"Such a remarkable island setting inspired one of the greatest biologists of all time, and if Sir Alfred Russell Wallace were alive today he would surely be excited by the prospect of further conservation and biodiversity study within the Moluccas," says Pierre-Henri Fabre.


Story Source:

The above story is based on materials provided by University of Copenhagen - Faculty of Science. Note: Materials may be edited for content and length.


Journal Reference:

  1. Fabre P.H., Pag่s M., Musser G.G., Fitriana Y.S., Fjeldsๅ J., Jennings A., J๘nsson K.A., Kennedy J., Michaux J., Semiadi G., Supriatna N., & Helgen K. A new genus of rodent from the Wallacea (Rodentia: Muridae: Murinae: Rattini) and its implication for biogeography and Indo-Pacific Rattini systematics.. Zoological Journal of the Linnean Society, Vol.169(2)

Cite This Page:

University of Copenhagen - Faculty of Science. "New rat genus discovered in the birthplace of the theory of evolution." ScienceDaily. ScienceDaily, 20 September 2013. <www.sciencedaily.com/releases/2013/09/130920094631.htm>.
University of Copenhagen - Faculty of Science. (2013, September 20). New rat genus discovered in the birthplace of the theory of evolution. ScienceDaily. Retrieved December 21, 2014 from www.sciencedaily.com/releases/2013/09/130920094631.htm
University of Copenhagen - Faculty of Science. "New rat genus discovered in the birthplace of the theory of evolution." ScienceDaily. www.sciencedaily.com/releases/2013/09/130920094631.htm (accessed December 21, 2014).

Share This


More From ScienceDaily



More Plants & Animals News

Sunday, December 21, 2014

Featured Research

from universities, journals, and other organizations


Featured Videos

from AP, Reuters, AFP, and other news services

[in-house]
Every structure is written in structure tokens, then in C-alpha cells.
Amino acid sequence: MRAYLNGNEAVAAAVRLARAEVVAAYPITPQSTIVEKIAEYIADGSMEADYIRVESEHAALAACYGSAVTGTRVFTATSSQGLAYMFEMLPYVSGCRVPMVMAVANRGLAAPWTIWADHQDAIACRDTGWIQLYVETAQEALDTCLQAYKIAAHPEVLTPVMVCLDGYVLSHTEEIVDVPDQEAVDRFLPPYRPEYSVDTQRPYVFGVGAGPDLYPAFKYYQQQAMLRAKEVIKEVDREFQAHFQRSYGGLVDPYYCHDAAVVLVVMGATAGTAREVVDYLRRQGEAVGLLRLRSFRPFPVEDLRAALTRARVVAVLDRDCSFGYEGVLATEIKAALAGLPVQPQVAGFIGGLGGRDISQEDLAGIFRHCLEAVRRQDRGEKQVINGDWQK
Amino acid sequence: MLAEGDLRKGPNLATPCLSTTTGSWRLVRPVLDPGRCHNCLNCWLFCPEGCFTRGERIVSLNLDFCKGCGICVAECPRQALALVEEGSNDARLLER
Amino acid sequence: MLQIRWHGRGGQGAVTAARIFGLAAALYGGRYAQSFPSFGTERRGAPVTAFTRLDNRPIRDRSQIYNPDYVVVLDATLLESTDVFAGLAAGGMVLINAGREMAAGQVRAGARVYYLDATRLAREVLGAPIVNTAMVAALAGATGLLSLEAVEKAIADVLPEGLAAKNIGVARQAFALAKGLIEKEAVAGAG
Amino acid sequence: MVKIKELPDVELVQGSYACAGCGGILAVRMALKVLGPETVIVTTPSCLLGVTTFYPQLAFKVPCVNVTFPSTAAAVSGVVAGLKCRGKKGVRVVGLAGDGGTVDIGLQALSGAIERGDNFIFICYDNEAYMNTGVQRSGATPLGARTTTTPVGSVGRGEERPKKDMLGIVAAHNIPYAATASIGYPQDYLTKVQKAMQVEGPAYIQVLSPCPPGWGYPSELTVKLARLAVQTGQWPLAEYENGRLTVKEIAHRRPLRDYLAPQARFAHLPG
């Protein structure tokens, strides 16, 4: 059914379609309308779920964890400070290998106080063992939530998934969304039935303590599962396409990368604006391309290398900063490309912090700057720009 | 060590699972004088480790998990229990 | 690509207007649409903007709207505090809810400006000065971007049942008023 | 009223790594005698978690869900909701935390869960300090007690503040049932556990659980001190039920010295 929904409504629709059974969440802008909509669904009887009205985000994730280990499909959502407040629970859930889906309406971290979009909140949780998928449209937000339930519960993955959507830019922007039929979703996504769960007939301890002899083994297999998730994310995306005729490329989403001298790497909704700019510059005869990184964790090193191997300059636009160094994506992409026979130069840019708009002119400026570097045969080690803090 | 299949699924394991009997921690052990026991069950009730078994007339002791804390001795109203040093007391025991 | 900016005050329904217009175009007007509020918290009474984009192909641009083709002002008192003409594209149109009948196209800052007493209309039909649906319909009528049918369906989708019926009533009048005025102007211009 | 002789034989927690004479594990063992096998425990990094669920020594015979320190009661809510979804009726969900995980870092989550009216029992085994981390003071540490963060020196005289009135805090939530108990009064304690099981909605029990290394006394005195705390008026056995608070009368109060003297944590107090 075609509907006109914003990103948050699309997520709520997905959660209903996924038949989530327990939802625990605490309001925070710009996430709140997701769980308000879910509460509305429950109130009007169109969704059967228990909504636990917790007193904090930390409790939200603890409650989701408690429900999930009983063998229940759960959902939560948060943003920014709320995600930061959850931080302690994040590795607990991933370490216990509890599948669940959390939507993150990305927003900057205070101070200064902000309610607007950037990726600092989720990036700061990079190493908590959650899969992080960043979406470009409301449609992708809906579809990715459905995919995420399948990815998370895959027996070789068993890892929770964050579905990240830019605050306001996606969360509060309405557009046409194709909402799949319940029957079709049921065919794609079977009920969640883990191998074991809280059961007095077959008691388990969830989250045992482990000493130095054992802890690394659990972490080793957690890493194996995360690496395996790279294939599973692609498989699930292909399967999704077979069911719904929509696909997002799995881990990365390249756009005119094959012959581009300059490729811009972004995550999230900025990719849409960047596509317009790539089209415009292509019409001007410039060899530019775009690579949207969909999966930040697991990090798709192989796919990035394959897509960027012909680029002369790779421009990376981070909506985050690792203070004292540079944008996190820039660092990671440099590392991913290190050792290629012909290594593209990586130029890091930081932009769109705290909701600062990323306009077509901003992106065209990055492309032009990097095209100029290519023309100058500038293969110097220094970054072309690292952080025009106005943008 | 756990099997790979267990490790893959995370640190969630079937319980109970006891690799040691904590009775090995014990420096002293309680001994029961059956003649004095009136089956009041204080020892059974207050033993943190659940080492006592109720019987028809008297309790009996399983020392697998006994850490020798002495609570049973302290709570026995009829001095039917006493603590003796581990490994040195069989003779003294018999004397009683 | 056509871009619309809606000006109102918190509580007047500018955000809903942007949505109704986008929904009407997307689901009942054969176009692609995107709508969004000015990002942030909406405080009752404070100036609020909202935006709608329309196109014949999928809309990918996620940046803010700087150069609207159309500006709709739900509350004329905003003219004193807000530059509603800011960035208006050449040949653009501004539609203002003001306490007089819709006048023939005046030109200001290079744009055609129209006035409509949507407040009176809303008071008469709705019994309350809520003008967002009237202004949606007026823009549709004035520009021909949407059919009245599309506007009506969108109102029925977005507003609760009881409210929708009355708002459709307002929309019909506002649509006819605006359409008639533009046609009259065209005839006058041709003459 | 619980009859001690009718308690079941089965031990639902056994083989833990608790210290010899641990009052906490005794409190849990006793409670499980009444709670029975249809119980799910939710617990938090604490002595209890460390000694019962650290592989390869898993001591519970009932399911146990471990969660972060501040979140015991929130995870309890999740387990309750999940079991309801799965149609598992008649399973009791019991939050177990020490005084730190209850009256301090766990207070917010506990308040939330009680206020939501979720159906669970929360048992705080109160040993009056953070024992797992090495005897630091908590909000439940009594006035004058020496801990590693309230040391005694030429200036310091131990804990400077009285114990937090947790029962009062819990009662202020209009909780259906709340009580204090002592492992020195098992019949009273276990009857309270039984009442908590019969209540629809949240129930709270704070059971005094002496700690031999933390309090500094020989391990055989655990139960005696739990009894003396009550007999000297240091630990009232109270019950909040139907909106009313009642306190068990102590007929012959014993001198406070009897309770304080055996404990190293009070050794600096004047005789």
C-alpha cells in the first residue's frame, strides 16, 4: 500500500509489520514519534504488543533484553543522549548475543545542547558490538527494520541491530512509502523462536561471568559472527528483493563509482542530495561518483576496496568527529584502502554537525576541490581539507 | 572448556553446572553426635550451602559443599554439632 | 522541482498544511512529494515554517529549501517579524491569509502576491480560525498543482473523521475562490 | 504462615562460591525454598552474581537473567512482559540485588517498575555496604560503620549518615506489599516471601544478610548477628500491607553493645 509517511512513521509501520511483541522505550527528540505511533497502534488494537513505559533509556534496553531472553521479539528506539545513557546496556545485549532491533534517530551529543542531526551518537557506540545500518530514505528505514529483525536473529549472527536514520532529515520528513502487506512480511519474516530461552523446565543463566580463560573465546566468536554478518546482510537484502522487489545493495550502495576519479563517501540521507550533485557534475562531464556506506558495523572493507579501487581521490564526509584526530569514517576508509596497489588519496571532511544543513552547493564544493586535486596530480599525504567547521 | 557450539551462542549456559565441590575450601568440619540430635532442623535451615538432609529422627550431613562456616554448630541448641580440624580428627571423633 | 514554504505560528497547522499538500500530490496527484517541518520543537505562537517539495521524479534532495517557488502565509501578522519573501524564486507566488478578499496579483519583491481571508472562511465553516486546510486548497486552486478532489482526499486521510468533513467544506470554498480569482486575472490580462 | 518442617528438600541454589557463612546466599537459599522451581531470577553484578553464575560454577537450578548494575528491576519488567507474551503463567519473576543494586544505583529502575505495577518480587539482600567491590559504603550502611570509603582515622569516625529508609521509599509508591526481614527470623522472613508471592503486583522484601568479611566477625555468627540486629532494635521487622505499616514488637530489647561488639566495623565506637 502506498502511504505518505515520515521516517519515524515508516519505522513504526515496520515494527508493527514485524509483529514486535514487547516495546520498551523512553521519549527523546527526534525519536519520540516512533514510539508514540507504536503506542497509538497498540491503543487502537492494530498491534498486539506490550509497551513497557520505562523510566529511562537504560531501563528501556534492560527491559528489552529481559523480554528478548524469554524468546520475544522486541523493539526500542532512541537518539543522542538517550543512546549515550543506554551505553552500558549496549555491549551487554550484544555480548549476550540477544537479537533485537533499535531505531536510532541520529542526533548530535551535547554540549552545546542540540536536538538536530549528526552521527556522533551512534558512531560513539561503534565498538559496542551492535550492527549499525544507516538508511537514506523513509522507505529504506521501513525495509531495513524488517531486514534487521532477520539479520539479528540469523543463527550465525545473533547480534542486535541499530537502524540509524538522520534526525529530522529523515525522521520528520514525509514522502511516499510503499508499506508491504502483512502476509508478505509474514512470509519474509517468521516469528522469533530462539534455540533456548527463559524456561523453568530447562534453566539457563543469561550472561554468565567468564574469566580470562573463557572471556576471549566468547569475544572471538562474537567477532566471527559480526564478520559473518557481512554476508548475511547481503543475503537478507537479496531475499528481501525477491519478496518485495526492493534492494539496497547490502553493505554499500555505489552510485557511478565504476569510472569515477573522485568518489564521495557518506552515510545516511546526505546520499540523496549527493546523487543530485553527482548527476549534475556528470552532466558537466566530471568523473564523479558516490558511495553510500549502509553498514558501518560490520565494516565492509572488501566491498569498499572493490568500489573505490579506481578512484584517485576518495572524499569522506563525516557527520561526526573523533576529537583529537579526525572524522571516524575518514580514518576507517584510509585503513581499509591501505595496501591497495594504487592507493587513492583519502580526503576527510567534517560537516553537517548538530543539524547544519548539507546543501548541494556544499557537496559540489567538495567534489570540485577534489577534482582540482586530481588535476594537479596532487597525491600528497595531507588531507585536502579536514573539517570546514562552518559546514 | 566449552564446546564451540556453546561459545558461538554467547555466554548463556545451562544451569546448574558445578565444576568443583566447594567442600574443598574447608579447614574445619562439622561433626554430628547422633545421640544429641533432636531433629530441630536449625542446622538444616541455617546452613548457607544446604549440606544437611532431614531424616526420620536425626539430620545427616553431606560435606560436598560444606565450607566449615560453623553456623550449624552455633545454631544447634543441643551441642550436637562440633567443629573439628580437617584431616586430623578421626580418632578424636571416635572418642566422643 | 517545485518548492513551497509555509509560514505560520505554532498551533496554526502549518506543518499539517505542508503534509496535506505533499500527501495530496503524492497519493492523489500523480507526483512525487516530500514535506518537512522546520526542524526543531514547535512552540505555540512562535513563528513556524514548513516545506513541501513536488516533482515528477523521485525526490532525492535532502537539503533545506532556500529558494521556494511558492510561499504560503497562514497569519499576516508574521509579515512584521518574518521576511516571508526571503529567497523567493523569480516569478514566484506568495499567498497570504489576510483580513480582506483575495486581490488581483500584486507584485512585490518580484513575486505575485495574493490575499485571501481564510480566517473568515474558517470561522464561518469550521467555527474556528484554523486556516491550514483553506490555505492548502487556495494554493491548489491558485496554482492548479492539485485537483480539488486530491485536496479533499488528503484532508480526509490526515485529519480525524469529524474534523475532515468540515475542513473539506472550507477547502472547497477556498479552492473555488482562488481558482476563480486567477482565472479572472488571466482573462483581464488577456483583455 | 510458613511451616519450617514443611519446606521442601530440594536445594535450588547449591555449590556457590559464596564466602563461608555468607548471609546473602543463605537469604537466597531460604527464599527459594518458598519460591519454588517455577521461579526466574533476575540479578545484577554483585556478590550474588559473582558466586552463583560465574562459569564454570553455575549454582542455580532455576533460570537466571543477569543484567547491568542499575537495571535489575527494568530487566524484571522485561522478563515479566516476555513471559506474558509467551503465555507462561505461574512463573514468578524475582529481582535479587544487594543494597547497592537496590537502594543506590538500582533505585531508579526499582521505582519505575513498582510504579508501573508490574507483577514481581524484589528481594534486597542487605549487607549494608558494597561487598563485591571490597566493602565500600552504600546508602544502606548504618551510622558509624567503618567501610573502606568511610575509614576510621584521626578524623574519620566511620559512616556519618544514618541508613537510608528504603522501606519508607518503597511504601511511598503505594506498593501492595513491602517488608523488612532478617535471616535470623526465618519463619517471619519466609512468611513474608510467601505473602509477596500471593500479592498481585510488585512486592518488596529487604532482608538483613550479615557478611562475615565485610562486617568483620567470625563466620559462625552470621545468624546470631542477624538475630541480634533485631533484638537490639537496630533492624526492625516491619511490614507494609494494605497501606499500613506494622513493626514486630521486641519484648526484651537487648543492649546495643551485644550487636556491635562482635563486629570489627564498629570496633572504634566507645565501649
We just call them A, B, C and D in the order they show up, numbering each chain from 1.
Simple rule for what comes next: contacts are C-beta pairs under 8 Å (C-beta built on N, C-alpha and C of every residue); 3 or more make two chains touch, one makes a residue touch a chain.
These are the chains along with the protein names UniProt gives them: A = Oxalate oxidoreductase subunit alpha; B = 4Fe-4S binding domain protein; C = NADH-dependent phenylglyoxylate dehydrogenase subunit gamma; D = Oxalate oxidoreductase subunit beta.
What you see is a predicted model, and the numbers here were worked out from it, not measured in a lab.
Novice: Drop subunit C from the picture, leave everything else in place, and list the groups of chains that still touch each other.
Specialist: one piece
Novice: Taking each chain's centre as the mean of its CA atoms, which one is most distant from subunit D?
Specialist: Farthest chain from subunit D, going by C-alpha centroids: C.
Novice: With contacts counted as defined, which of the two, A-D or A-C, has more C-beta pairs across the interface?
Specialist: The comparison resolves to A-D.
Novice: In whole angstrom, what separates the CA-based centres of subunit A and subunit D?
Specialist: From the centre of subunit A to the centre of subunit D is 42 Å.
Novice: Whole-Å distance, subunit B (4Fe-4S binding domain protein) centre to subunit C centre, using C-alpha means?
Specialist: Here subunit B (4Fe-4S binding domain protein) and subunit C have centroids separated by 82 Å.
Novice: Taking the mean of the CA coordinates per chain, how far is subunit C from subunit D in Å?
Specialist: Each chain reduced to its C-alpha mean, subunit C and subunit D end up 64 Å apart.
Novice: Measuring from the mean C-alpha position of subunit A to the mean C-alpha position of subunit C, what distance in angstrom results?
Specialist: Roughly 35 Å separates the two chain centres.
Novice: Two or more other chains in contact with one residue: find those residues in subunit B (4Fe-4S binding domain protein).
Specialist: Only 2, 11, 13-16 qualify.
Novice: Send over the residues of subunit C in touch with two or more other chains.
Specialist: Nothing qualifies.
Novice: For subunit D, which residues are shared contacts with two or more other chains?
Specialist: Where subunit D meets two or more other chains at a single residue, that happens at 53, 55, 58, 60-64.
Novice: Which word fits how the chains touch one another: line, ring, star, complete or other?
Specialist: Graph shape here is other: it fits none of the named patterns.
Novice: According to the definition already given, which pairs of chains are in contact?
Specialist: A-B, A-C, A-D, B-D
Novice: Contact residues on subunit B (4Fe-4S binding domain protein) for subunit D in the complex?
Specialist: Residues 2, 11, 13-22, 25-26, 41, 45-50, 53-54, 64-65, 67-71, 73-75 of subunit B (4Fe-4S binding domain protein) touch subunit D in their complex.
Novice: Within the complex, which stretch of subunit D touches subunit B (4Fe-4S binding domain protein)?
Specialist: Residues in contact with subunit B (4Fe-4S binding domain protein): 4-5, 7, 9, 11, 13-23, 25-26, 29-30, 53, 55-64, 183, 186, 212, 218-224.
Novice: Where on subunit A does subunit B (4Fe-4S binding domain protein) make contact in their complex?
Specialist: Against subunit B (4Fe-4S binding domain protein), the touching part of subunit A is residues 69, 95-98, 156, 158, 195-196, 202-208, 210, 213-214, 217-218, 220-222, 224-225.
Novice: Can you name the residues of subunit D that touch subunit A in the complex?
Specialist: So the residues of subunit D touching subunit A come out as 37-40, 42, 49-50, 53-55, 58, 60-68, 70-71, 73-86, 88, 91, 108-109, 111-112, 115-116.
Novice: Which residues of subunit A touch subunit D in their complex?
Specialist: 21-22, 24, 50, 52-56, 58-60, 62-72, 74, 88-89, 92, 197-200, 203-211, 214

Researchers Test Colombian Village With High Alzheimer's Rates

Researchers Test Colombian Village With High Alzheimer's Rates

AFP (Dec. 19, 2014) — In Yarumal, a village in N. Colombia, Alzheimer's has ravaged a disproportionately large number of families. A genetic "curse" that may pave the way for research on how to treat the disease that claims a new victim every four seconds. Duration: 02:42 Video provided by AFP
Powered by NewsLook.com
Monarch Butterflies Descend Upon Mexican Forest During Annual Migration

Monarch Butterflies Descend Upon Mexican Forest During Annual Migration

Reuters - Light News Video Online (Dec. 19, 2014) — Millions of monarch butterflies begin to descend onto Mexico as part of their annual migration south. Rough Cut (no reporter narration) Video provided by Reuters
Powered by NewsLook.com
The Best Protein-Filled Foods to Energize You for the New Year

The Best Protein-Filled Foods to Energize You for the New Year

Buzz60 (Dec. 19, 2014) — The new year is coming and nothing will energize you more for 2015 than protein-filled foods. Fitness and nutrition expert John Basedow (@JohnBasedow) gives his favorite high protein foods that will help you build muscle, lose fat and have endless energy. Video provided by Buzz60
Powered by NewsLook.com
Birds Might Be Better Meteorologists Than Us

Birds Might Be Better Meteorologists Than Us

Newsy (Dec. 19, 2014) — A new study suggests a certain type of bird was able to sense a tornado outbreak that moved through the U.S. a day before it hit. Video provided by Newsy
Powered by NewsLook.com

Search ScienceDaily

Number of stories in archives: 140,361

Find with keyword(s):
 
Enter a keyword or phrase to search ScienceDaily for related topics and research stories.

Save/Print:
Share:  

Breaking News:

Strange & Offbeat Stories

 

Plants & Animals

Earth & Climate

Fossils & Ruins

In Other News

... from NewsDaily.com

Science News

Health News

Environment News

Technology News



Save/Print:
Share:  

Free Subscriptions


Get the latest science news with ScienceDaily's free email newsletters, updated daily and weekly. Or view hourly updated newsfeeds in your RSS reader:

Get Social & Mobile


Keep up to date with the latest news from ScienceDaily via social networks and mobile apps:

Have Feedback?


Tell us what you think of ScienceDaily -- we welcome both positive and negative comments. Have any problems using the site? Questions?
Mobile iPhone Android Web
Follow Facebook Twitter Google+
Subscribe RSS Feeds Email Newsletters
Latest Headlines Health & Medicine Mind & Brain Space & Time Matter & Energy Computers & Math Plants & Animals Earth & Climate Fossils & Ruins